And then, another female, this one, which clearly shows the red and black "bulls-eye" on the hind wings that is the easiest diagnostic sign. It's similar to the Spicebush Swallowtail. Both are blacker than the black morph of the Eastern Tiger Swallowtail, and a little smaller, and have a double row of orange spots on the rear under-wings. The Spicebush has the classic "comet" mark, but the Black has the complete row, with a little "pile up" of orange dots.
A good specimen of the black morph of the Eastern Tiger Swallowtail (as I've explained before, all the black morphs of this species are female, but both males and females come in yellow. Compare the wing markings to the female Black Swallowtail two
A much better look at an American Snout(Libytheana carinenta) than the one I got a few weeks ago.
I got a little frustrated trying to catch the Snout with his wings open, so I resorted to a tactic I try to avoid, catching the butterfly, and getting it to open them...
Tawny Emperor (Asterocampa clyton), but I'll submit it to butterfliesandmoths.org just to be sure. But the markings are about right, and nothing else likely looks as good.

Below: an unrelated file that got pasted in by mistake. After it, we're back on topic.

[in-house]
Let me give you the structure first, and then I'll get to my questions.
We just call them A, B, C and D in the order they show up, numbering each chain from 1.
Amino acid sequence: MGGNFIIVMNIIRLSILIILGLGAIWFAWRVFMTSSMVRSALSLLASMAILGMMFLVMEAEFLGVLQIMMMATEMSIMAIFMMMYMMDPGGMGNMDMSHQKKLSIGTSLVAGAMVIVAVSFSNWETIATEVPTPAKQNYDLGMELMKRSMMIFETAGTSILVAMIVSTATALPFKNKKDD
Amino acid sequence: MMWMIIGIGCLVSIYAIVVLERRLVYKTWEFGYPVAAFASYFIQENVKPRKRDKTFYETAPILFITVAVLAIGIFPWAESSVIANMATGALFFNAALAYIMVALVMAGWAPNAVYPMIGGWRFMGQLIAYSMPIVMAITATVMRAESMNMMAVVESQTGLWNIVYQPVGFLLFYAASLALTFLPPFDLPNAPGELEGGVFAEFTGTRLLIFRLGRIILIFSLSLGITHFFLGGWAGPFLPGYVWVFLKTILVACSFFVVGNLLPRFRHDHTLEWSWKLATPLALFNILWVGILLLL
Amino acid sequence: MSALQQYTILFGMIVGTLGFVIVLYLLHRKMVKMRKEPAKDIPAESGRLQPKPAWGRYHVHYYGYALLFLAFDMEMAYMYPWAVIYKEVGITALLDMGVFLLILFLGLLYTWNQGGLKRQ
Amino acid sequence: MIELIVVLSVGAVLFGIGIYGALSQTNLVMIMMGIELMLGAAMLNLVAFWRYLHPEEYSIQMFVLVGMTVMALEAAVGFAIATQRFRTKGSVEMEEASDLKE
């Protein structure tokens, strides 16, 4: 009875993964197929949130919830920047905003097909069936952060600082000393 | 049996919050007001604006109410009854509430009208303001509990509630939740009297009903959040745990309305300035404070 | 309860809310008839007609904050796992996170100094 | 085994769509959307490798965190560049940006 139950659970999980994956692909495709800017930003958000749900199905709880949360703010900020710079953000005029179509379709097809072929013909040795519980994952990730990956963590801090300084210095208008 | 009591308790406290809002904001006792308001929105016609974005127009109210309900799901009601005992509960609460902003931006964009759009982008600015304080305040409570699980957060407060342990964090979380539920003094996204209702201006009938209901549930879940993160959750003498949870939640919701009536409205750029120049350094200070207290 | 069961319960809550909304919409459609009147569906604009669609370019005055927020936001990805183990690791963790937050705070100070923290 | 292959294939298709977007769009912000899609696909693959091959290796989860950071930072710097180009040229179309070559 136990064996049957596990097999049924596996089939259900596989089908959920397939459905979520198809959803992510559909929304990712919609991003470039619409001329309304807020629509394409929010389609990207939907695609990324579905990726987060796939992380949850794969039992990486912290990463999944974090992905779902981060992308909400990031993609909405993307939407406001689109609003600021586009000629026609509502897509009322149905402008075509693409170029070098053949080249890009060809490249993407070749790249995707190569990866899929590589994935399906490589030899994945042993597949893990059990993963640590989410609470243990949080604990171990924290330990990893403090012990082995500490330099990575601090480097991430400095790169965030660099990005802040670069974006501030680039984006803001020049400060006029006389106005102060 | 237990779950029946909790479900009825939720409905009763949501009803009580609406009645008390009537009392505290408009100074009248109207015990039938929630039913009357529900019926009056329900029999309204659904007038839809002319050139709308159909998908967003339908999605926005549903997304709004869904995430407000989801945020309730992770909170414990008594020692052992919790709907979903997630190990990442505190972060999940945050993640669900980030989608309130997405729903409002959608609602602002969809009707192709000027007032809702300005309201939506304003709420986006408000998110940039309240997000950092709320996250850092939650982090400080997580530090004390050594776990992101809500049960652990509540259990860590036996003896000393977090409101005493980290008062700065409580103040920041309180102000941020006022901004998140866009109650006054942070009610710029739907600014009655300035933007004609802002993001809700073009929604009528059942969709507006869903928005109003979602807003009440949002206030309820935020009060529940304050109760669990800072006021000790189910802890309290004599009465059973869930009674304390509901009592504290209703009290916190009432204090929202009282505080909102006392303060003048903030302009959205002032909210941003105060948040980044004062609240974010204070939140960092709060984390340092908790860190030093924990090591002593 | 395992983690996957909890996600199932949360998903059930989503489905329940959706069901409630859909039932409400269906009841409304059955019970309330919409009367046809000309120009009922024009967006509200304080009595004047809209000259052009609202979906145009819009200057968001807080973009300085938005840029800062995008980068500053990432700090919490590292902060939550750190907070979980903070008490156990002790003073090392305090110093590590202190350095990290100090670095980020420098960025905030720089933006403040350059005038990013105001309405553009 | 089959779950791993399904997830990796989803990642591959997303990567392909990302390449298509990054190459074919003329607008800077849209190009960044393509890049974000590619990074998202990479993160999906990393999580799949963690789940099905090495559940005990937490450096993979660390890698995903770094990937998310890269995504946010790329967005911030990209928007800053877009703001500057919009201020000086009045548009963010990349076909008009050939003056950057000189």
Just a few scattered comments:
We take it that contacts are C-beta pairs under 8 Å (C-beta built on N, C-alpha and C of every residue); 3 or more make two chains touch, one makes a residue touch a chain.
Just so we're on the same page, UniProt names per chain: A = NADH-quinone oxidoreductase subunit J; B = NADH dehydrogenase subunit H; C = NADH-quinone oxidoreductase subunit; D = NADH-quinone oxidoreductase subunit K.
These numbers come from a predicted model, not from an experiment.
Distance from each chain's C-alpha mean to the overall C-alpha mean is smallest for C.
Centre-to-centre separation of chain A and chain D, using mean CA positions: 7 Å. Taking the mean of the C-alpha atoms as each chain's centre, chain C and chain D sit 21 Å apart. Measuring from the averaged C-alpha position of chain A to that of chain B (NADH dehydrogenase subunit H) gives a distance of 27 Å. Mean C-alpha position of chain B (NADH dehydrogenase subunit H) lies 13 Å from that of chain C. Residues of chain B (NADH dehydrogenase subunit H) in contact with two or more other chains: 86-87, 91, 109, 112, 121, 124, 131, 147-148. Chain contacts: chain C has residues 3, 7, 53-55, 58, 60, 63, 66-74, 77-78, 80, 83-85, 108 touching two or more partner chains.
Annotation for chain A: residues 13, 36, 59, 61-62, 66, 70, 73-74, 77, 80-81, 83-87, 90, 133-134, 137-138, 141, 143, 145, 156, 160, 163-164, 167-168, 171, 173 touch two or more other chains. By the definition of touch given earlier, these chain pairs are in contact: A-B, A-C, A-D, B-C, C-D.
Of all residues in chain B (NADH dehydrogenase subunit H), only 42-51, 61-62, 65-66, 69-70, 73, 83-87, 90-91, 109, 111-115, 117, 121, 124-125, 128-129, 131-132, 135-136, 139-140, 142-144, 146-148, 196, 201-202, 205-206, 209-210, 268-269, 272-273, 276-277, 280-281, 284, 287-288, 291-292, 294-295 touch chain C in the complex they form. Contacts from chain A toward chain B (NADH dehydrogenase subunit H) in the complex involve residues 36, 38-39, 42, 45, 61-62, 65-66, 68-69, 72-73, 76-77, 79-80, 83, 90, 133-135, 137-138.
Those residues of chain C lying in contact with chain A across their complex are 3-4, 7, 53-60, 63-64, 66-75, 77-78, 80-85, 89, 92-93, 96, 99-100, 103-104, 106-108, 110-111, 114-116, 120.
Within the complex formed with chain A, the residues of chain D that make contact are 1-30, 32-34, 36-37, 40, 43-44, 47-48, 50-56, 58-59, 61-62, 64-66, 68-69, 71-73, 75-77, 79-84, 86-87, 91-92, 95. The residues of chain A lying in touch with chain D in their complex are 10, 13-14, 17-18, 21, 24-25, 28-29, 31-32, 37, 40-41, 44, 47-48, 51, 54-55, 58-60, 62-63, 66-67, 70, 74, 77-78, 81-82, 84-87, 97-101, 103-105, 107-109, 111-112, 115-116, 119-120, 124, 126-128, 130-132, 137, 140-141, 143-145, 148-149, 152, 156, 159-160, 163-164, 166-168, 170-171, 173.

Same butterfly; I just liked the shot.
I noticed this while I was photographing the one above. Not a butterfly, it's a moth. I found one last year, and I thought I remembered it being an Amaranth Moth, but that doesn't google up... Later maybe.
Update: Corrected by Butterfliesandmoths.org already.
Ailanthus Webworm Moth (Atteva aurea)
Painted Lady (Vanessa cardui). From the side...
And from the top.
Pearl Crescent (Phyciodes tharos). At one point, I thought I had a new little one, but it turned out to be a badly faded and tattered Pearl Crescent.
Polygonia comma). This one seems to have lost one rear wing, but it didn't slow it down.
Which might make this one...
See the tiny white dot with the "comma" mark? That's about the only difference I can find.
I saw lots more butterflies up in those weeds, including the Spicebush, the Azures, the hairstreaks,
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